*Anti-anxiety agent (anxiolytic) reduces anxiousness, particularly incapacitating or inappropriate anxiety
*Barbiturates prototype of sedatives and hypnotics, very powerful, no analgesic properties, little cardio effect, redistribution, very addictive, can cause life threatening withdrawals, not normal REM
Sedation and hypnotic are related how? by dose, >sedation can cause sleep, <hypnotic can cause sedation
*Barb uses today induction agent in general anesthesia, anticonvulsants in treating epilepsy, backup sedative hypnotic agents
*Barbiturate drugs thiopental, pentobarbital and Phenobarbital (Luminal)-long acting anticonvulsant
*Benzodiazepines most widely used sedative hypnotic and anti-anxiety, replaced barbs, enhance GABA neurotransmitters in the brain, few side effects, rare OD
*Benzo drugs (>gaba) midazolam (Versed) short duration, amnesia
Alcohol ethyl alcohol, CNS depressant, side effects-cardio, GI, fetal development
*Tricyclic antidepressants TCA’s, most often used antidepressants, least side effects
*Monoamine oxidase inhibitors MAOI’s, antidepressant, greater toxicity and interact with some foods and drugs
*TCA’s & MAOI’s action increase levels of norepinephrine and/or serotonin in the brain tissue, CAUSE HYPERTENSION
Psychostimulant drugs amphetamines and methylphenidate, stimulants, paradoxical they are used in ADHD
*Anti-anxiety meds barbs, nonbarb sedative hypnotics, alcohol and benzos, benzos are the mainstay
*Epilepsy paroxysmal (sudden onset) increase in CNS activity that is recurrent, has stereotypic clinical characteristics and associated massive discharge of elec activity that is self limiting
*Partial seizures SIMPLE-local discharge without loss of Consciousness or COMPLEX-loss of consciousness with many ANS behavior (most difficult to diagnose)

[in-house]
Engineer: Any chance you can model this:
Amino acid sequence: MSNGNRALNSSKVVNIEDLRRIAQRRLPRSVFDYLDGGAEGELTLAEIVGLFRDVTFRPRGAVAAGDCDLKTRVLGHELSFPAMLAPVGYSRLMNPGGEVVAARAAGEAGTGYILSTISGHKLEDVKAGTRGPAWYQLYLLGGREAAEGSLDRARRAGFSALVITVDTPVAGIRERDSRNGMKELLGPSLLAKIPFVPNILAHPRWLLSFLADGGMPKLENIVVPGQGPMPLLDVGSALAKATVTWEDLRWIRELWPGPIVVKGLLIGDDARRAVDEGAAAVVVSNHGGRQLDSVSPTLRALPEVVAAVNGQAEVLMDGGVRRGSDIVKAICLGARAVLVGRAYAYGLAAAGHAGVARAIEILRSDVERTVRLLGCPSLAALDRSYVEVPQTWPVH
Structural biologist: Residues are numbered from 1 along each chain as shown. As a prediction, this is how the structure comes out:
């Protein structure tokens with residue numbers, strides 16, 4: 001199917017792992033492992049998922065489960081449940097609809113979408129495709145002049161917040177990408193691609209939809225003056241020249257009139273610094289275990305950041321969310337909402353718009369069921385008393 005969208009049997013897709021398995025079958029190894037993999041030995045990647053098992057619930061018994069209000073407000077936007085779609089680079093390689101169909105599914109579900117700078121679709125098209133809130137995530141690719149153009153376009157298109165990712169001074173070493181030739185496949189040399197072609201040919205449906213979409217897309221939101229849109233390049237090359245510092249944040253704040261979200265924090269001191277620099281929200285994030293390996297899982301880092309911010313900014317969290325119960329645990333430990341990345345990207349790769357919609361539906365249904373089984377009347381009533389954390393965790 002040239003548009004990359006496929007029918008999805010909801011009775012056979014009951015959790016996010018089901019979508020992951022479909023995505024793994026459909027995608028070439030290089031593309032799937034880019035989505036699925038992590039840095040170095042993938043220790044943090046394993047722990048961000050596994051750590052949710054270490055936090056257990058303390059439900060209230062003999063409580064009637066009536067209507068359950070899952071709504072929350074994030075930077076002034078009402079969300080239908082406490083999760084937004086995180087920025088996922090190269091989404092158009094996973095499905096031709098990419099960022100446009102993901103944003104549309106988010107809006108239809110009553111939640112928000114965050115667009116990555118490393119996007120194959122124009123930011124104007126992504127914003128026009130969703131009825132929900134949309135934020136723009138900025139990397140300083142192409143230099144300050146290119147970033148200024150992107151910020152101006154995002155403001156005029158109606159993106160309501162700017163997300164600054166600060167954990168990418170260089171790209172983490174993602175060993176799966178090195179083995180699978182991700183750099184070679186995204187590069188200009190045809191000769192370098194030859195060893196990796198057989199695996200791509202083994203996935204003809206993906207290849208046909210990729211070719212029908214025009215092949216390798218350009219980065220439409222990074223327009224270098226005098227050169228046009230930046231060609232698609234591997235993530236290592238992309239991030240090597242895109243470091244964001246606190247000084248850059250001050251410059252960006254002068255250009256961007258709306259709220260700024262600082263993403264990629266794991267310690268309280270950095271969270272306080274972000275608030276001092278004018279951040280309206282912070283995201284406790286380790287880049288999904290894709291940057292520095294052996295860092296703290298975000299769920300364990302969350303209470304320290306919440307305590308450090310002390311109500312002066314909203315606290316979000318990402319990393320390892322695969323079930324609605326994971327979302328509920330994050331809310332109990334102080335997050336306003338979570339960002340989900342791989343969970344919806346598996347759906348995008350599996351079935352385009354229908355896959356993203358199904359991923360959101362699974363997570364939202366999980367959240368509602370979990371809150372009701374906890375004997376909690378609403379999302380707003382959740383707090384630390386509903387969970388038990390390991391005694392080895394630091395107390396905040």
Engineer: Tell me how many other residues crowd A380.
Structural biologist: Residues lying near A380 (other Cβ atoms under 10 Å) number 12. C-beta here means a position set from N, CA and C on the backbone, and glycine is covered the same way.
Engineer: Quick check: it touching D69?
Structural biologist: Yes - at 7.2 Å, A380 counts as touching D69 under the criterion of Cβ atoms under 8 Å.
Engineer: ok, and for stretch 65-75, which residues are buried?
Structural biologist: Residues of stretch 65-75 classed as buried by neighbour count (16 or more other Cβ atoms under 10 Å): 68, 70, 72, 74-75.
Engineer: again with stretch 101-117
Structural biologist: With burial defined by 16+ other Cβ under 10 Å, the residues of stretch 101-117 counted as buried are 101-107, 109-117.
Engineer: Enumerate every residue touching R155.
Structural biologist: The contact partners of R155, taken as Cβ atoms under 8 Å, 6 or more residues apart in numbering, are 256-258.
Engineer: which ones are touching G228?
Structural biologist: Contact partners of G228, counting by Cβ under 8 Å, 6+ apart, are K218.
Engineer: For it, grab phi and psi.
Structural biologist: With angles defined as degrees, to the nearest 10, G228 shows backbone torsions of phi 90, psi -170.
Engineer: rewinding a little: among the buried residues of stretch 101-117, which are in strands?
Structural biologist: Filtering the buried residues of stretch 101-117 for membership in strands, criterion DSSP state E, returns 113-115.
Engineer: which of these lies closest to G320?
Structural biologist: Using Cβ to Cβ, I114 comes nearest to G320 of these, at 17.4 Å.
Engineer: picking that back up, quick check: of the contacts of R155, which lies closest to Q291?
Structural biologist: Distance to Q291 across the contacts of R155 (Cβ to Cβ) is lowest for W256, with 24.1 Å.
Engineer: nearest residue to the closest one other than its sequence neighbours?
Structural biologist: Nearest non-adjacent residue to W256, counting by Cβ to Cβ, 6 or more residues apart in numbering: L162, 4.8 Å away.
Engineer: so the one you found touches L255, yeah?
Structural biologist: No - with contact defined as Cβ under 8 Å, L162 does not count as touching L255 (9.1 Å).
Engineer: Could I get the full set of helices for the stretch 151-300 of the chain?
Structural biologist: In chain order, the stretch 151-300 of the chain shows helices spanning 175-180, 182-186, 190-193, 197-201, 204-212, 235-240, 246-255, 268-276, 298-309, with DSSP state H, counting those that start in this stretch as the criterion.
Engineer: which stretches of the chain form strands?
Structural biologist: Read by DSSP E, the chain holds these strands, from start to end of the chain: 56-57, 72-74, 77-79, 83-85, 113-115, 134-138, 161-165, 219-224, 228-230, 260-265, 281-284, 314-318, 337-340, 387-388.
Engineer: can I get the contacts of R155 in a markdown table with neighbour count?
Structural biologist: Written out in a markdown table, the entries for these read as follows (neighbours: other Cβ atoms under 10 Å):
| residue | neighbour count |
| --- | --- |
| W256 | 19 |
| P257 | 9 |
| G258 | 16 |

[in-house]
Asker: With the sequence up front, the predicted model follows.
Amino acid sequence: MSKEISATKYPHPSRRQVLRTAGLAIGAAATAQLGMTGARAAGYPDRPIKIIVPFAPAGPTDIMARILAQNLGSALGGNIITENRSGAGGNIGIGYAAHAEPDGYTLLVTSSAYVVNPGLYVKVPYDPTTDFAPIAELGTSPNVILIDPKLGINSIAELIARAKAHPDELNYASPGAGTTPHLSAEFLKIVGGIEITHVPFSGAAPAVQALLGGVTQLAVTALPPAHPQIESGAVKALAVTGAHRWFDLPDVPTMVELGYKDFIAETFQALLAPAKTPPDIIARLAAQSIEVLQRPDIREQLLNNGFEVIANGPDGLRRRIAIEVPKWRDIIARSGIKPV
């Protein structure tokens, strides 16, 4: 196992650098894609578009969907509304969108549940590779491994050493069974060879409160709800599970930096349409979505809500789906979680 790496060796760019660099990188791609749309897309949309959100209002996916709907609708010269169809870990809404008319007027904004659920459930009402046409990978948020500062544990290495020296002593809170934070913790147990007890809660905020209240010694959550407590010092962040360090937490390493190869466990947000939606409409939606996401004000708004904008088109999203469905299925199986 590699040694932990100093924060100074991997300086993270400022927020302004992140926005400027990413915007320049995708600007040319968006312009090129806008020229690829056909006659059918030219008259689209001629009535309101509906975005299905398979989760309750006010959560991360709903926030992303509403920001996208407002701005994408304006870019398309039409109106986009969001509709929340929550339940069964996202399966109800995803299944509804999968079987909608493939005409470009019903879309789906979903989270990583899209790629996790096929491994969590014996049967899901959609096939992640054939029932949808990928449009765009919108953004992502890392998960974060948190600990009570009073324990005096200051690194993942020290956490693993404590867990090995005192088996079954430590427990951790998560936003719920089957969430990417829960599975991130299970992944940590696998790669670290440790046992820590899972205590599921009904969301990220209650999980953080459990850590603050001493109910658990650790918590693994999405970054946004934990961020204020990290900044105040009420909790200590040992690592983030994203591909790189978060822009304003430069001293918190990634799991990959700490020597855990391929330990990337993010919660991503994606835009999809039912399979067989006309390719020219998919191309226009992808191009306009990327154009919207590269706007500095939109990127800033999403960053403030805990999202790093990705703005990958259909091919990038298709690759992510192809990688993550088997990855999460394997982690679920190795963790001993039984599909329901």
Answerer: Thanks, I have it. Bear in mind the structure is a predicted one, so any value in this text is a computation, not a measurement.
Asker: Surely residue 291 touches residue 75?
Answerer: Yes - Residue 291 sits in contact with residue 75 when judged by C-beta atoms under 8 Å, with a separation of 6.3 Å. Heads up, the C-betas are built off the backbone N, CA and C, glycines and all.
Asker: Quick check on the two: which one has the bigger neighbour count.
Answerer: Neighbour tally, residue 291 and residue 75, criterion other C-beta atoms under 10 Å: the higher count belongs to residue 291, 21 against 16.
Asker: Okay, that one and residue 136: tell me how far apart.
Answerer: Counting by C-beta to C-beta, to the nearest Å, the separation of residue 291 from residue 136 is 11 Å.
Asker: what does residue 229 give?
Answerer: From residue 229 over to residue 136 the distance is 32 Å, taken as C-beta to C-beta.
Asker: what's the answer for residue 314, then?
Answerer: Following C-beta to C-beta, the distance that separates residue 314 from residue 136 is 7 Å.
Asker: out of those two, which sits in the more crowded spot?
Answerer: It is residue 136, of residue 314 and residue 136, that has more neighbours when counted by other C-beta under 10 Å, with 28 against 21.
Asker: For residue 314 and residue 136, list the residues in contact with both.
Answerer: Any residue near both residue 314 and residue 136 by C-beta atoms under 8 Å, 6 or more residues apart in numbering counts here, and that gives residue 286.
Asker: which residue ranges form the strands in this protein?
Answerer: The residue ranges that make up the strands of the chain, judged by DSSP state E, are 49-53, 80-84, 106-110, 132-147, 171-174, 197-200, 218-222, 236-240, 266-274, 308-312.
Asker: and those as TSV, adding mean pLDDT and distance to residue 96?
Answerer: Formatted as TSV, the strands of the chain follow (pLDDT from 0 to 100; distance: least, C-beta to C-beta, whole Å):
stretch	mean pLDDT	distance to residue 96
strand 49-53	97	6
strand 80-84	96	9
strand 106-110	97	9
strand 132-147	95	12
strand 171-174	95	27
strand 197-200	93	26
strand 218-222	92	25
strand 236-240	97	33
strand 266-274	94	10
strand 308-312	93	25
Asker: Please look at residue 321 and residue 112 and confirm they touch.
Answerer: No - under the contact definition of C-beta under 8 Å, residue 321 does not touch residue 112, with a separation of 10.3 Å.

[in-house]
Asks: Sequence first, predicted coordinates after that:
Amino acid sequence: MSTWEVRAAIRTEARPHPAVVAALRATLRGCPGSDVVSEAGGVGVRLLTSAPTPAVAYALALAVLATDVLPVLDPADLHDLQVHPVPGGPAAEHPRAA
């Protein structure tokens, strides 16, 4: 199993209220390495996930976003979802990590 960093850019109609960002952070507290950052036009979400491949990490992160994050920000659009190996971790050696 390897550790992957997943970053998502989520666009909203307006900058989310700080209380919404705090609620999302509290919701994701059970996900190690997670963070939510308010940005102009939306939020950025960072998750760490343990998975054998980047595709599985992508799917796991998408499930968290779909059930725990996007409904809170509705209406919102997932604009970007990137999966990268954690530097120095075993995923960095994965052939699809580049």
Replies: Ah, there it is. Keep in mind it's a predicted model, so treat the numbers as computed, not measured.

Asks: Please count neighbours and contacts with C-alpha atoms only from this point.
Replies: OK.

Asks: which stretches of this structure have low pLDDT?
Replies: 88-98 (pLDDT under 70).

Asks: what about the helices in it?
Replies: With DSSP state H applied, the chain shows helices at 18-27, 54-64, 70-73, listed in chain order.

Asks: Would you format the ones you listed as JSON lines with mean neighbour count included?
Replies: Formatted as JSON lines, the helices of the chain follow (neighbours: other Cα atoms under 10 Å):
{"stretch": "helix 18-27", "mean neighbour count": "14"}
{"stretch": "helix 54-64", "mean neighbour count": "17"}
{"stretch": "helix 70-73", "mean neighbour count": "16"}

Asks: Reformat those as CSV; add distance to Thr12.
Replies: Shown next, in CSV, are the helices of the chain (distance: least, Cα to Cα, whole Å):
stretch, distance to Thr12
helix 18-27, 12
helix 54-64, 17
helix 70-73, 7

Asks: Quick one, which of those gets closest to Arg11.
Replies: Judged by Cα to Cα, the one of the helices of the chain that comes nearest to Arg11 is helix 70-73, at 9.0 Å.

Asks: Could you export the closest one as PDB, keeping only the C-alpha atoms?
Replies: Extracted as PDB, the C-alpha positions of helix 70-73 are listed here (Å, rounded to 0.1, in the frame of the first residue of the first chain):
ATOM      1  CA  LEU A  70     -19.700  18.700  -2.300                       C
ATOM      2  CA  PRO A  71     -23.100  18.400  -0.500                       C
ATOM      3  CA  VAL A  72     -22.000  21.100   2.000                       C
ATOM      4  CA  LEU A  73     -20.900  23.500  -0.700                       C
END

*Primary generalized seizures PETIT MAL (absence)-rapid onset, loss of consciousness and mild rhythmic movement or GRAND MAL (tonic-clonic) 4-10% of seizures, asleep or awake, can be caused by lack of sleep, alcohol, fatigue
Anticonvulsant/anti-epileptic drugs break up a seizure, Phenobarbital (Luminal), valium and aderian????????
*Parkinsonism middle age and progressive, lack of dopamine-containing neurons in the substantia nigra area of one of the cerebral nuclei (in CNS), causes lack of balance in excitatory and inhibitory neurons
Symptoms of Parkinsonism develop slow at first, gradual become chronic, tremor, rigidity, akinesia(loss of movement), bradykinesia(slow move) and loss of balance, idiopathic (unknown) cause
*TX of Parkinsonism increase dopamine, Levodopa-passes blood brain barrier
*General anesthetics drug that induces the absence of all sensation
Anesthesia Stage I Analgesia aka twilight, midbrain and some spinal cord
Anesthesia Stage II Excitation via IV, amnesia
*Anesthesia Stage III Surgical Anesthesia via inhalation, intubation, for surgery, 4 planes (only seen when using ether)
Anesthesia Stage IV Medullary Supression effects respiratory and cardio, causes apnea, coma, and death
N*itrous Oxide low risk, gas, most widely used general anesthetic, especially as adjunct with general anesthetics to <need for more potent agents, rapid, good analgesic, metabolized in lung instead of liver, little cardio effect
Inhaled general anesthetics are gases-nitrous oxide and cyclopropane(no longer used), Volatile liquids-ether, halothane, methoxyflurane
*Fluothane halothane, volatile liquid delivered as vapor particularly in peds, also potent bronchodilator-last resort for status asthmaticus